STORES Magazine - July 2015 - 42
they didn't have the inventory in the right
place. Is this true for all retailers? I think it's all
over the map."
Kevin Sterneckert, chief marketing officer for
OrderDynamics, sees the issue more broadly.
"It occurs for every company, retailer or not,"
he says. "It exists when there are activities that
occur in your business that you don't have a
way to see, and it impacts your [profit and loss
statement]. In retail, there are a lot of ghosts,
not just these three. The ghosts are when the
retailer has difficulty in seeing the details and
being able to understand how to prioritize and
come to a resolution so that you have a permanent fix, and not just a Band-Aid."
MANY UNHAPPY RETURNS
Today's consumers are accustomed to returns, and retailers are responding by offering
free two-way shipping or the ability to return
online purchases in stores, which increases the
ease - and frequency - of returns.
The IHL report pegged retailers' losses due
to returns at $246 billion in North America
alone, and can come in the form of defective
merchandise, price mismatches and return
"As digital commerce continues to grow,
needless returns also continue to grow," Sterneckert says. He cites a recent contest OrderDy42
STORES July 2015
namics held, asking shoppers to send photos of
products that were shipped in error: the handbag with unattached straps, the holiday sweater
with the wrong character. "In all, we had more
than 400 images of ghost economy examples
over just a few weeks," Sterneckert says.
Perhaps the shipper sent the wrong product,
or maybe the website listing included a photo
that didn't match the product. "It isn't always
a supply chain issue where the wrong item was
picked and shipped," he says.
Regardless of how or why it is initiated, a
return presents a challenge for retailers. With
perhaps 1 million unique products online and
one-tenth of that in-store, the likelihood that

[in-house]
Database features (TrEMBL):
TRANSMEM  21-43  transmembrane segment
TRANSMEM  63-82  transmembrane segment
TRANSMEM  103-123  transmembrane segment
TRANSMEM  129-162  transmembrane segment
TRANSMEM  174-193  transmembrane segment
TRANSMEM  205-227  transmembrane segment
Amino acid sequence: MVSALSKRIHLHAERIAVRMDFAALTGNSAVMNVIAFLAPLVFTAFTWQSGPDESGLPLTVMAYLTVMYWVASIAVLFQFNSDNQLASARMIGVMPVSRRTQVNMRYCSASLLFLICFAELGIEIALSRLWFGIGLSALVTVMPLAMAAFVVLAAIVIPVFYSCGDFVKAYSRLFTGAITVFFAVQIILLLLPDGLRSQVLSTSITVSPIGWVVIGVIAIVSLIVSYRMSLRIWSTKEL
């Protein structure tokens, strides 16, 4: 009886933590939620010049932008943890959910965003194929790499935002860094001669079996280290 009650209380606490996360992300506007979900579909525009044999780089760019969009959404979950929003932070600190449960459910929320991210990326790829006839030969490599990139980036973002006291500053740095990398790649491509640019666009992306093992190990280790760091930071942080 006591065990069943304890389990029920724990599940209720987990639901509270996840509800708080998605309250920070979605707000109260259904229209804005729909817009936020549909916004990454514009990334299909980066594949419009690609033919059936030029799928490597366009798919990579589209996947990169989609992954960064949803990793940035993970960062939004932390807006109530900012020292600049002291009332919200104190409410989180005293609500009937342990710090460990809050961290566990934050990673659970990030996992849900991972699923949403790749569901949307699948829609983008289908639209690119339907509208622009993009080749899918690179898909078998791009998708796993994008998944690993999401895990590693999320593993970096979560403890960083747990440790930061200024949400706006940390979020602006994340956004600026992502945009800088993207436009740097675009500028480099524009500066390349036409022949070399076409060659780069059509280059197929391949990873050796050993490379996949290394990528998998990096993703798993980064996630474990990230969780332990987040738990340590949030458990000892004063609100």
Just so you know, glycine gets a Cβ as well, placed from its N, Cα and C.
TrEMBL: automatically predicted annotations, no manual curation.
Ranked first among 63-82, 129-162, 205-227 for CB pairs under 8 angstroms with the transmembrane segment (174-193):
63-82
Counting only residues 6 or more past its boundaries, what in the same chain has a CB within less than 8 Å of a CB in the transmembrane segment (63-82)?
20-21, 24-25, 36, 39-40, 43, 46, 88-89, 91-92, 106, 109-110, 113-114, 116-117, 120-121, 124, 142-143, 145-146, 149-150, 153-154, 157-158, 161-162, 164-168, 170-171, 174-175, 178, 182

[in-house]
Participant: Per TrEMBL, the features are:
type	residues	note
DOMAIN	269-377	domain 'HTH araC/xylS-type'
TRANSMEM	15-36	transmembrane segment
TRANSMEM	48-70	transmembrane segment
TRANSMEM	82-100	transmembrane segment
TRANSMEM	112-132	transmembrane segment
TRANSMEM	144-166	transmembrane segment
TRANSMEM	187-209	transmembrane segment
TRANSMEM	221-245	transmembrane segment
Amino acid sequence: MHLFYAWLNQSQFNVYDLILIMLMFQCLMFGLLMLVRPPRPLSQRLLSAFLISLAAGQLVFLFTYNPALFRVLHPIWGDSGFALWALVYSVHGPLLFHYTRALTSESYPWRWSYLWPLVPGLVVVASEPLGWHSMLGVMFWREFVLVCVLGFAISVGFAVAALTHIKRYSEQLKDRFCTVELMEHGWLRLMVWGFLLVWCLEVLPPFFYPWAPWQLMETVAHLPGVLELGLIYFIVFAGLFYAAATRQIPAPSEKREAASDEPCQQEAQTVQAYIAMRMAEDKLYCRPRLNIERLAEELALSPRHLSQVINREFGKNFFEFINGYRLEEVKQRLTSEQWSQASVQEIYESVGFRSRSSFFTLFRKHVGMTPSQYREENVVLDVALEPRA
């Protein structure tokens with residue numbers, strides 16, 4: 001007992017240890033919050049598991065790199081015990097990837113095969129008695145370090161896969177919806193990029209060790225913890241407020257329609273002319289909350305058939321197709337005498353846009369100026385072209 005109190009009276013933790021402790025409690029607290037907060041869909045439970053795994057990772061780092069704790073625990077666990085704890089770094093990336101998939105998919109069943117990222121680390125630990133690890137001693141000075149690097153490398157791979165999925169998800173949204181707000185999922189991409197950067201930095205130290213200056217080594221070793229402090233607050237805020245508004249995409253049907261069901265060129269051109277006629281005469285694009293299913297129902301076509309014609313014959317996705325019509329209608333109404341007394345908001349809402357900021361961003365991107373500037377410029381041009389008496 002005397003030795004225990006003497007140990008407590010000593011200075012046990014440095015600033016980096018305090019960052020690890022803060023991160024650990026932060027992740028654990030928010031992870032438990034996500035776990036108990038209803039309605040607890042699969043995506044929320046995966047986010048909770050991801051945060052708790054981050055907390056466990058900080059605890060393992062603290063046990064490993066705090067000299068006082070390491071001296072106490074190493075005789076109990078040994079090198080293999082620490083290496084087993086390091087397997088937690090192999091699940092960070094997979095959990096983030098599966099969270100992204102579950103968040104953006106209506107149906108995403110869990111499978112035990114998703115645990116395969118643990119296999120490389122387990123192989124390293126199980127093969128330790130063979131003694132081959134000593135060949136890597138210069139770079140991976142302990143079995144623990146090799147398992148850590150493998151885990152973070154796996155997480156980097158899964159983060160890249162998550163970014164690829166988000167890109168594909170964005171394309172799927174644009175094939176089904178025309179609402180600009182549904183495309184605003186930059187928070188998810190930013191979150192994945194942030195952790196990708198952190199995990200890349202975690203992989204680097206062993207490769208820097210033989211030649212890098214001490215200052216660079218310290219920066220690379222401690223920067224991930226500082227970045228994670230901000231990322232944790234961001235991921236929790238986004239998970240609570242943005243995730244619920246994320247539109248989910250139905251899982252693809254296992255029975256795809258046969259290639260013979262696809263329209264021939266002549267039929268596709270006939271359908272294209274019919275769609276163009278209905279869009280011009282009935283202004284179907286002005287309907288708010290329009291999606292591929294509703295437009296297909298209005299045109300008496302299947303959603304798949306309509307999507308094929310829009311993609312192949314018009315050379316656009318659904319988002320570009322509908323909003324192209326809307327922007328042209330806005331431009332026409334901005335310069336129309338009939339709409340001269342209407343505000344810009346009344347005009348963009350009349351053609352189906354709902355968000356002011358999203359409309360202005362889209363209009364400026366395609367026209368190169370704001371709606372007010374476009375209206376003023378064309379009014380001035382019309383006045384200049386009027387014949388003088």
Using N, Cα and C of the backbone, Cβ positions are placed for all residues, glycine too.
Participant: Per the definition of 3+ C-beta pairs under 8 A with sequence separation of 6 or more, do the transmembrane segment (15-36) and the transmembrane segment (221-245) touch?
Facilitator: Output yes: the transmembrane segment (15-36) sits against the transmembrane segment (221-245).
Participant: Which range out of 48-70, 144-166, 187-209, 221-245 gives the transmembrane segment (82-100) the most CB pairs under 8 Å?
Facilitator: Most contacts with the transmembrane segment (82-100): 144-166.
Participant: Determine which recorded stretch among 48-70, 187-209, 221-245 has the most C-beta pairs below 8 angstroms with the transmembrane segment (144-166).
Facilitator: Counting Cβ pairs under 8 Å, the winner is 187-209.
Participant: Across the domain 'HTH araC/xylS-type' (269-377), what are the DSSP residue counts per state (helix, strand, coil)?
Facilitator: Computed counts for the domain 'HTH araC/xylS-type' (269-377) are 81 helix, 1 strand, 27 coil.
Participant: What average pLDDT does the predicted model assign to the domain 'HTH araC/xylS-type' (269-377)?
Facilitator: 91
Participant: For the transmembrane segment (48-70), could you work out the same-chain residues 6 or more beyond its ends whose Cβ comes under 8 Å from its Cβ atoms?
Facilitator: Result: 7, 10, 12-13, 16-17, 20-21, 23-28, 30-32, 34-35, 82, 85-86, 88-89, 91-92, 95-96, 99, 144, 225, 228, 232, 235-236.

the customer is returning a product that is not
stocked at the store increases.
"I can keep it there because I'm holding it
for a customer to walk into the store and I
don't want the store to be out of stock, or it
can be directly resold to a customer online,"
Sterneckert says. "How do I continue to make
those decisions on a case-by-case basis to fulfill
customer needs? It's a careful balance in making every one of those decisions."
TOO MUCH OF A GOOD THING
The sheer scope of websites can create issues
where products are virtually invisible, leading
to overstocks. The IHL research pointed to
about $123 billion in lost revenue in this area.
Retailers are taking bold steps to handle
overstocks with better forecasting on the front
end. Hand cites the growth of retailers like T.J.
Maxx and Big Lots, which has gotten the attention of competitors.
"Retailers are getting ahead of this," Hand
says. "Nordstrom is opening hundreds of
Nordstrom Rack stores to sell through their
own merchandise. If they can use analytics to
better predict and get ahead of what product
is going to be due for a markdown, they can
reap as much profit as possible by timing the
markdown as perfectly as possible. Department stores have been particularly successful
in maximizing the return on their investment
of that product by creating their own channels
TOO LITTLE OF A GOOD THING
Consider out-of-stocks as the mirror image
of overstocks. When customers can't purchase
what they want, North American retailers take
about a $130 billion hit. That is partly reflectNRF.COM/STORES